I had a big day yesterday exploring selling greeting cards in shops. I walked along the street looking for gift shops with a theme or style sympathetic to my cards. Now that I have had some success I am feeling more confident about deciding who to approach and what to say.
Its an interesting process which begins with introducing myself and explaining that I am looking for outlets for my handmade photographic cards. If they are open to taking a look, I get out the sample cards. What happens next is, either their eyes light up, or they don’t. For some people the Paris theme resonates, and immediately takes them into memories of their last trip. Often these people are in shops that are complementary to the Paris theme or handmade style. For others, Paris is an old story, and lacks edge and relevance to an Australian context. And thats all fine. I am very fortunate that I had enough positive experiences very early in the process to know that I just need to locate the people who are going to love the cards.
Another eye opener has been the reaction to the random selection of one-off cards I have been taking along from earlier card-making activities. Many of these are of Australian landscapes, plants and birds. Some of the images that I liked, but felt were weaker photographically, have been singled out for attention. I find that prints of birds and flowers where the colour is very saturated, even to the point of losing some detail, are quite effective as cards. This makes me more willing to go with what I instinctively like and less concerned about theoretical notions of photographic perfection.
I have also been learning from selling things on online. I have some crockery for sale at the moment that is getting a lot of hits, and had a couple of enquiries, but no sale. This suggests that it “clicks” with a lot of people, but the price is too high. I think I am asking too much because this was something that I had specifically decided to collect for myself. It was going to be my special thing and I thought it was very pretty. Now I realise that cups, saucers and plates are not going to be my thing after all, but because of the sentimental value, its hard to let go for a low price.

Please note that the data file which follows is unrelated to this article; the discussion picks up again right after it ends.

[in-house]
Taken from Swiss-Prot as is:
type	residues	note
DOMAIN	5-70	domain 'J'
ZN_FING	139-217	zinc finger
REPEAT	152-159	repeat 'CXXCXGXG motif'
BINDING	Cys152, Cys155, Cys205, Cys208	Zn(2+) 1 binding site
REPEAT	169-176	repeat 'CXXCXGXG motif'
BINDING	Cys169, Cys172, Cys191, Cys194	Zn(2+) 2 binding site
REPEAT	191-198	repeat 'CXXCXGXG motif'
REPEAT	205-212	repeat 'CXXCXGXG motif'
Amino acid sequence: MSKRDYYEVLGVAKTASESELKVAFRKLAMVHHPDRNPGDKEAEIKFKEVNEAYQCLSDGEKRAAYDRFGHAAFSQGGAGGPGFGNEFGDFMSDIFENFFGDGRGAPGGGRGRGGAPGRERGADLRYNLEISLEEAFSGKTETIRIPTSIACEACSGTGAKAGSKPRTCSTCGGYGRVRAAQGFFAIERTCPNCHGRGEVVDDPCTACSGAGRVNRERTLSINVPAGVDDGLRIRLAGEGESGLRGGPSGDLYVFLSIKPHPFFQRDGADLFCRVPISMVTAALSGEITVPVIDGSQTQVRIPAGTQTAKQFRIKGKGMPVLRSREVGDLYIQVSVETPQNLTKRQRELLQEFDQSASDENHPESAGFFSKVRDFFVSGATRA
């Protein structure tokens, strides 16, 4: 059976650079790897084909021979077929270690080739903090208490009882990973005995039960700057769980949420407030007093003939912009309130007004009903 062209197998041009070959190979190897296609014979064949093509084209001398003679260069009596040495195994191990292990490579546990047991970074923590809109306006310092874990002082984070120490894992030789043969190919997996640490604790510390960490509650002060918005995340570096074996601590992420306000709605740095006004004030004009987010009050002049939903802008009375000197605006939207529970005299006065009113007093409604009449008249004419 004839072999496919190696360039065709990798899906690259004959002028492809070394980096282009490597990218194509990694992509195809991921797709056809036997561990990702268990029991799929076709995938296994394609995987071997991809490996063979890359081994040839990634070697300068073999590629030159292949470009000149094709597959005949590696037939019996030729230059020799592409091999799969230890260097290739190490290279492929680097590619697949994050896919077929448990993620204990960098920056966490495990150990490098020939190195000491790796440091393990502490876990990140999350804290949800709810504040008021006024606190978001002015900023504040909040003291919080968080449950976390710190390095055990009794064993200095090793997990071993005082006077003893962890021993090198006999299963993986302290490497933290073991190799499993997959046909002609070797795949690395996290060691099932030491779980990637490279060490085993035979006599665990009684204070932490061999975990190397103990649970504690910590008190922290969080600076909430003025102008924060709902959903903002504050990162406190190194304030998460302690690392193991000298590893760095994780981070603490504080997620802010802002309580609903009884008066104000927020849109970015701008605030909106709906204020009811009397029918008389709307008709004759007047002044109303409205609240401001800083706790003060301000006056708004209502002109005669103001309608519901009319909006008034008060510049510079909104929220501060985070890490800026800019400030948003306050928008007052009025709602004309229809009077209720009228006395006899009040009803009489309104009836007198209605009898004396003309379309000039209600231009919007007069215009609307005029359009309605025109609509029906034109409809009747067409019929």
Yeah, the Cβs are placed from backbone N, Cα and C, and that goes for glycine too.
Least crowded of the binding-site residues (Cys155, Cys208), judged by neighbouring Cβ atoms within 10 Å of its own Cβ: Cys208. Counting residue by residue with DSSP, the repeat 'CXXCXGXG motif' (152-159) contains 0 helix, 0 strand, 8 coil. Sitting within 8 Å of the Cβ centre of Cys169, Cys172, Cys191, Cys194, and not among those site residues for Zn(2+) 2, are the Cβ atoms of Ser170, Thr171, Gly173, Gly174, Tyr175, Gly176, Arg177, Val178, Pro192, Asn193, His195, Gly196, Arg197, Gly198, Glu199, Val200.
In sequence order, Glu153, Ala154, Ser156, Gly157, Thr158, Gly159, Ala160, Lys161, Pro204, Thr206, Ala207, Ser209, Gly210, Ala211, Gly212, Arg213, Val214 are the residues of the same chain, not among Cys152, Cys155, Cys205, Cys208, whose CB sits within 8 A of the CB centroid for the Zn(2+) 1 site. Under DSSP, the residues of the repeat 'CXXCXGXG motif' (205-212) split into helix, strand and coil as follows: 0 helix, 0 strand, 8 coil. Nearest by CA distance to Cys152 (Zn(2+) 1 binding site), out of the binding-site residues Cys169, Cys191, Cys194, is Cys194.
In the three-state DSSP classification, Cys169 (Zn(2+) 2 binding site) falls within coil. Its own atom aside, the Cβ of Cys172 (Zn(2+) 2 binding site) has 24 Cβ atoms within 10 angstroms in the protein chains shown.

Understanding “click” is a critical life skill, which I wish I had developed much earlier. Whether is a career, a friend, a house or a piece of crockery, we are all looking for that “click”, the thing that fits and feels right. In the past I wasted a lot of time trying to make things fit, or force situations to work, that just didn’t. I wasted a lot of energy lamenting not being liked, or not liking things in my life. Now I try not to waste a lot of effort on things that don’t feel right, and instead put my energies into finding the click, because thats where the energy is that will carry me forward.
And then there’s the matter of price. All that glitters is not gold. Even if something is attractive and appealing, and has that initial “click” factor, its not always the best thing to bring into your life just now. Everything has a price, whether in time, money or emotional investment, and that needs consideration too. Sometimes its necessary to say no to an appealing offer because its not contributing to your bigger picture; even it means the sweet taste of disappointment.
These forays into selling material items are also helping me with my professional organising business. Its very important when working with people in their own homes or offices to have that feeling that you can work well together. I can tell when people ring to make enquires, that they are also concerned about “click” and price. They are asking whether I am someone they can work with, and what the cost will be. Keeping that in mind helps me understand how to help us both work through those questions. Its important to show enough of yourself to allow people to experience that connection, if its going to happen, but at the same time, giving them the space to more towards, or move away. I feel comfortable knowing that everyone has their own way of working out what is right for them, and if things don’t work out, thats OK.